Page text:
And so I’ve been pretty clear, and I’ve been pretty clear about this for a while — I’m not going to ask for an exemption for the Marines. It’s not going to make them any less fighting effective. In fact I think they will be a stronger force, because a more diverse force is a stronger force. And it will not make them any less lethal. And those are the two things you have to protect in the Marine Corps.”
In response to a question from the audience by a man asking Mabus to expand on his comments about the Marine Corps study, Mabus said:
“In the Marine study, number one, I knew about the study of course, but I don’t reach down and say do this kind of study, do that kind of study. That came up from the Marine operating forces, the Marine staff. But the way it was structured was they asked for female volunteers to go do the closed occupations now. Infantry, artillery, armor, AAV drivers — amphibious assault drivers. And the standards for women getting into those were very minimal standards — basically volunteer, and you had to do a certain number of pull-ups and a run, but it was pretty standard. Then they went through the thing with assigning women with Marines who were already in the infantry, already in the artillery, already in armor. And they did the results. And some of the results — on average women dropped out more. On average women couldn’t carry as much or were injured more from carrying. On average, teams of women were slower. Not much, but a little bit. But these were all on average. There were women who met every test in this.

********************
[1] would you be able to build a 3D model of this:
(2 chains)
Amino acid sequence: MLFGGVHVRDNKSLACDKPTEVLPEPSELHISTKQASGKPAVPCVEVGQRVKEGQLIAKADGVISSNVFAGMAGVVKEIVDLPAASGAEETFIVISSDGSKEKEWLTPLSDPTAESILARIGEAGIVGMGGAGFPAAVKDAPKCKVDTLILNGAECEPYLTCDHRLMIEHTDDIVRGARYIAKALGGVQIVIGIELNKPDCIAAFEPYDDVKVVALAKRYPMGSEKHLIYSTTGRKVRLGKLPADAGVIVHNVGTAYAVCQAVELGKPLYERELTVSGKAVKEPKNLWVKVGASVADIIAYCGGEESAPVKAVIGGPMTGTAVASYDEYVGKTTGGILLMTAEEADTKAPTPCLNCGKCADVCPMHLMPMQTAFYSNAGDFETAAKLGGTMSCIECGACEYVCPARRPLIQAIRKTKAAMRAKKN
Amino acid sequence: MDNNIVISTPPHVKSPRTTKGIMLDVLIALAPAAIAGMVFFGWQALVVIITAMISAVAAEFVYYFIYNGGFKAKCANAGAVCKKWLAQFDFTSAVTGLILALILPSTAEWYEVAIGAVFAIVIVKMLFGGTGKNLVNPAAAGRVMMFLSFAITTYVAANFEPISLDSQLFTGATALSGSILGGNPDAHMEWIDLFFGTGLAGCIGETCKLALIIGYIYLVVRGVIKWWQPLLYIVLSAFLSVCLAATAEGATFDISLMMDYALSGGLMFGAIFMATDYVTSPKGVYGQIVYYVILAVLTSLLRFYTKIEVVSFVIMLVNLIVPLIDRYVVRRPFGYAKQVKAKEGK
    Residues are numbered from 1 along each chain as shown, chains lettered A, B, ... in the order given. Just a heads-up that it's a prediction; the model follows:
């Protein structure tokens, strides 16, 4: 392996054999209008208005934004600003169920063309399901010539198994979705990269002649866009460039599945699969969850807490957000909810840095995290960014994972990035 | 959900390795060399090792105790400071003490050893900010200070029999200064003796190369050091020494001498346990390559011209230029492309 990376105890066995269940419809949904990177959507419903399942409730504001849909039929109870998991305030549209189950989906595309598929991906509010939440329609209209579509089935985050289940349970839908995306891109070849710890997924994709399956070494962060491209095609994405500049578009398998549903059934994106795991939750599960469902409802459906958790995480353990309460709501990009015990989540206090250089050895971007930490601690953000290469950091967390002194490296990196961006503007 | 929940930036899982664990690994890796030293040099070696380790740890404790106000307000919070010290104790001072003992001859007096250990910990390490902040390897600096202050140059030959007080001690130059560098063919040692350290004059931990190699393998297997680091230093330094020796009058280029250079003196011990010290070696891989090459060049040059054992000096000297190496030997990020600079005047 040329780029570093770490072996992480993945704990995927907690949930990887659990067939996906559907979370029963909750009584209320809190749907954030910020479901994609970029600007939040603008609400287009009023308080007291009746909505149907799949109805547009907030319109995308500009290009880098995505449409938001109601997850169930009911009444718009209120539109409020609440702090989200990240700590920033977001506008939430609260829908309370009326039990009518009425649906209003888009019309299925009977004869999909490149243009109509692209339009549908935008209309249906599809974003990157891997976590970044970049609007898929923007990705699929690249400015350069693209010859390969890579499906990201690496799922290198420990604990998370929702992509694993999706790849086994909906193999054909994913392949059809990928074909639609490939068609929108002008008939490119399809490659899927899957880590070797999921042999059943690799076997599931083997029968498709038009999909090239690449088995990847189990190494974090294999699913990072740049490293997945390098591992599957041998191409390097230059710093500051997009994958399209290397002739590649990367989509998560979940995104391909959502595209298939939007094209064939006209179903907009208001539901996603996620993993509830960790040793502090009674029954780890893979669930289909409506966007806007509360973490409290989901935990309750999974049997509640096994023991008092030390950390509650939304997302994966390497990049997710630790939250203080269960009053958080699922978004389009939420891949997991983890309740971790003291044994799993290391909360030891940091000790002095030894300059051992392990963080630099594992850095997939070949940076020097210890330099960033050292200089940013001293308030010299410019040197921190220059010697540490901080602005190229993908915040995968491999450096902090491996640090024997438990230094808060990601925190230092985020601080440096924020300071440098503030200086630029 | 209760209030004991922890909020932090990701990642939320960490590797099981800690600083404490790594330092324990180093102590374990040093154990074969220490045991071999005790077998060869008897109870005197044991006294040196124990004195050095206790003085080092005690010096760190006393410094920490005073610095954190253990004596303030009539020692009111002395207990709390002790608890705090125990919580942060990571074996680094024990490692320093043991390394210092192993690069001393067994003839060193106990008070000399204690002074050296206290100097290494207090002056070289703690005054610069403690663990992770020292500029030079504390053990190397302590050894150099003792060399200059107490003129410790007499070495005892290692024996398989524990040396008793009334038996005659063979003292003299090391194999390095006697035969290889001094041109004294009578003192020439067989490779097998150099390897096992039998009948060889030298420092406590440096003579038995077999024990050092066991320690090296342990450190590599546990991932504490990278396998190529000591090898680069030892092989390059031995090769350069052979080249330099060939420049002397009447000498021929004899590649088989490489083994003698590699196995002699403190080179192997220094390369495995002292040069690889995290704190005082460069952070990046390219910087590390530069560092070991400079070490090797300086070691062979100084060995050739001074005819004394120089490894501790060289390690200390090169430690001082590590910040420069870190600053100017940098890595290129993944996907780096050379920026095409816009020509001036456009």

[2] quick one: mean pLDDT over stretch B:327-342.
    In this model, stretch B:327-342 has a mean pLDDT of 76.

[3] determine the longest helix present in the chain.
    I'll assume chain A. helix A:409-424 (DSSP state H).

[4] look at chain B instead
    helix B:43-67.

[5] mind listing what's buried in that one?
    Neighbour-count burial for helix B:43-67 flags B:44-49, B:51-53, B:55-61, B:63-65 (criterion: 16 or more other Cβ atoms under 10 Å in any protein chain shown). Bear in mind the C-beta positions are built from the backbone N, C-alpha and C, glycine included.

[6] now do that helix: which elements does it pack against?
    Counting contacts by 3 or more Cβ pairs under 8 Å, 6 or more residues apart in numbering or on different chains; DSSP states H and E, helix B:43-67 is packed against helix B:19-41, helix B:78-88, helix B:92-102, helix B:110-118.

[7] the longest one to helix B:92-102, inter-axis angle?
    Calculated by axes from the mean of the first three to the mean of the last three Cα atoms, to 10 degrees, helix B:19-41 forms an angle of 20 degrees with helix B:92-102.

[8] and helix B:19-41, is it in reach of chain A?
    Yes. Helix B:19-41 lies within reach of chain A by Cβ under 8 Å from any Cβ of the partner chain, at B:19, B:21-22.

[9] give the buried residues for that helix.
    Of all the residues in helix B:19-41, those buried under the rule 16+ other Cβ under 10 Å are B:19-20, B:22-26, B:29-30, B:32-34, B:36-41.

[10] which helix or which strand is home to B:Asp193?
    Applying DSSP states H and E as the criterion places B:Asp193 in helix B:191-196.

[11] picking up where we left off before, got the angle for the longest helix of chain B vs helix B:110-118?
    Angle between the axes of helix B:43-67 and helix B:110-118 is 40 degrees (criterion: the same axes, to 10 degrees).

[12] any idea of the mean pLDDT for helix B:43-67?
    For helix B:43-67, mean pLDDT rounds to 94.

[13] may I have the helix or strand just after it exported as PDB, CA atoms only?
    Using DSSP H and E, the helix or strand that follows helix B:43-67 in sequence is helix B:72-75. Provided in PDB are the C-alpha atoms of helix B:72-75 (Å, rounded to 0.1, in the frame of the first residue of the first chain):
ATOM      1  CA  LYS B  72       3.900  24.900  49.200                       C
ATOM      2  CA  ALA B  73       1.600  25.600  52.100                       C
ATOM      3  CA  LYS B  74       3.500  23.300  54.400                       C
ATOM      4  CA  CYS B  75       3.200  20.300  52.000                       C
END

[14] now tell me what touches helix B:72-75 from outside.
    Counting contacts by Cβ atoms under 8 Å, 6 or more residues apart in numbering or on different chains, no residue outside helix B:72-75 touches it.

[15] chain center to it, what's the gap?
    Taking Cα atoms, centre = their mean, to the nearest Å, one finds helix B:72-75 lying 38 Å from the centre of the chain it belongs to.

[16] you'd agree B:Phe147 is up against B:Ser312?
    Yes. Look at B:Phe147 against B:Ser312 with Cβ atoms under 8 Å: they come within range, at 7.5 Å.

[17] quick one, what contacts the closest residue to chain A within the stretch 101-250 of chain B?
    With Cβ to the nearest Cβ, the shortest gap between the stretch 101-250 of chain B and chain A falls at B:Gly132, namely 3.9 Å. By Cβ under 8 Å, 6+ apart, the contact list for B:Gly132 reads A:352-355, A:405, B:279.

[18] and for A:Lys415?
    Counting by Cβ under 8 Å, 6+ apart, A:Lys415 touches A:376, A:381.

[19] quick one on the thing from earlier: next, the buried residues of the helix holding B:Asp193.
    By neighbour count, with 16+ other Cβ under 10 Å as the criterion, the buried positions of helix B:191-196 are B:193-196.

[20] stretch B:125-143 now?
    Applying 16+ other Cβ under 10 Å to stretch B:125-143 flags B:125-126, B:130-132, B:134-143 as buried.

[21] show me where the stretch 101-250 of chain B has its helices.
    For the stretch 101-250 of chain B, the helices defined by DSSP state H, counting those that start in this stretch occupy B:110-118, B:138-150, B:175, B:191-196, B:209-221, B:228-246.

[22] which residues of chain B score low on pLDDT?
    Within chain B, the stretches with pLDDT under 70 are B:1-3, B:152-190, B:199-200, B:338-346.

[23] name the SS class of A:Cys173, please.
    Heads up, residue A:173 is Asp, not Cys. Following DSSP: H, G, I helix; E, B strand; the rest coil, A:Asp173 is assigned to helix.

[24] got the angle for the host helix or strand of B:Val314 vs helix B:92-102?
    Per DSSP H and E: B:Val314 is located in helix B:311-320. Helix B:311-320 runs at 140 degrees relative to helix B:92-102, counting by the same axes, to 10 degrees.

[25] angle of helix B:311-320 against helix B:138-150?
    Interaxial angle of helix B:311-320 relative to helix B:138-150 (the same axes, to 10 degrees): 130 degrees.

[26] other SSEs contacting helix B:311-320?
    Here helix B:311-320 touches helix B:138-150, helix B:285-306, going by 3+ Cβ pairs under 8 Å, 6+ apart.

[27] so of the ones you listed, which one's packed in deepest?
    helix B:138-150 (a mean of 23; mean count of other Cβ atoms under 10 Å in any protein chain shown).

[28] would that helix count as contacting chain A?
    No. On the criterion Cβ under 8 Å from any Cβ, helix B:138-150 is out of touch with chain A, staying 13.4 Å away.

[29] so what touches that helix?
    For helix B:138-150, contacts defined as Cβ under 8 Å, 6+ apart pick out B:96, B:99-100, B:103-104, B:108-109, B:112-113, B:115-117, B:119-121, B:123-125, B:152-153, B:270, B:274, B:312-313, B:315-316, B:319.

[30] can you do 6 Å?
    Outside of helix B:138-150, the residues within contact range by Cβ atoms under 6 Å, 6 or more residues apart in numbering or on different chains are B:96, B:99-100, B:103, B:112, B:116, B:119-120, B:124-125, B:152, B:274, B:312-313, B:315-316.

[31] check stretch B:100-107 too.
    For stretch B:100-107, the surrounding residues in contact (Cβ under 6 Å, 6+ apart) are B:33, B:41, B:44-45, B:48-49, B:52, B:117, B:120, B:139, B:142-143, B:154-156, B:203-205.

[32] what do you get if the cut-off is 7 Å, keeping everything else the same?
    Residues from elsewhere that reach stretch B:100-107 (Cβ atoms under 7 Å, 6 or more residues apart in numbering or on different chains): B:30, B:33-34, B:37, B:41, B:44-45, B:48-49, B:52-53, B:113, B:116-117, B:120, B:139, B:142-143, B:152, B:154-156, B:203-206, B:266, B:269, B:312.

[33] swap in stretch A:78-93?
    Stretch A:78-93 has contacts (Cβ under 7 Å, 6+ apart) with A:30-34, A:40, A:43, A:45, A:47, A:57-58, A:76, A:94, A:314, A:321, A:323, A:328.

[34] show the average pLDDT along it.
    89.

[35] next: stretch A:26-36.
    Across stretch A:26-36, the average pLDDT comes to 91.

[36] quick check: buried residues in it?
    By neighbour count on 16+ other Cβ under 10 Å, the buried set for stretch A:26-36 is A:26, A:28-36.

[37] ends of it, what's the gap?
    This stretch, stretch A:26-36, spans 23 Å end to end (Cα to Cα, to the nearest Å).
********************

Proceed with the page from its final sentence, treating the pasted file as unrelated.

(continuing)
So one of my concerns about it was, we didn’t do a very good job of screening people before the volunteering. One of the things that came out of this was there were no standards, zero, for most of these jobs. You just assumed that if somebody went through boot camp, a man went through boot camp, that they could do it. A lot of men can’t. And so the one great thing that came out of this is all of a sudden there’s standards. So male or female, you’re not going to get to be in the infantry, you’re not going to get to be in armor, or whatever, unless you meet these standards up-front. That is a tremendously good thing that came out of the study. Once you’re past that and that these standards have something to do with the job at hand, they’re not just arbitrary — you know, you’ve got to be able to do 100 pull-ups to be in the infantry, which has very little to do with the infantry — then you got to quit looking at averages. Then you got to start looking at the individuals. Women got injured a lot, or more than men, on duty. Men got injured four times as much as women off duty! (Laughter from audience.) So we’ve got these knuckleheads who are out there: ‘Here, hold my beer and watch this.’ (Laughter from audience.) So do we keep men from being in the infantry because they get hurt so much, off duty? I don’t think so.
And so, you know I think this study served a very good purpose. It’s come up with the standards, standards that have something to do with the job. Once you’ve done that I just see no reason to say ‘because the average person, woman, cannot meet these, we’re not giving anybody a chance.’”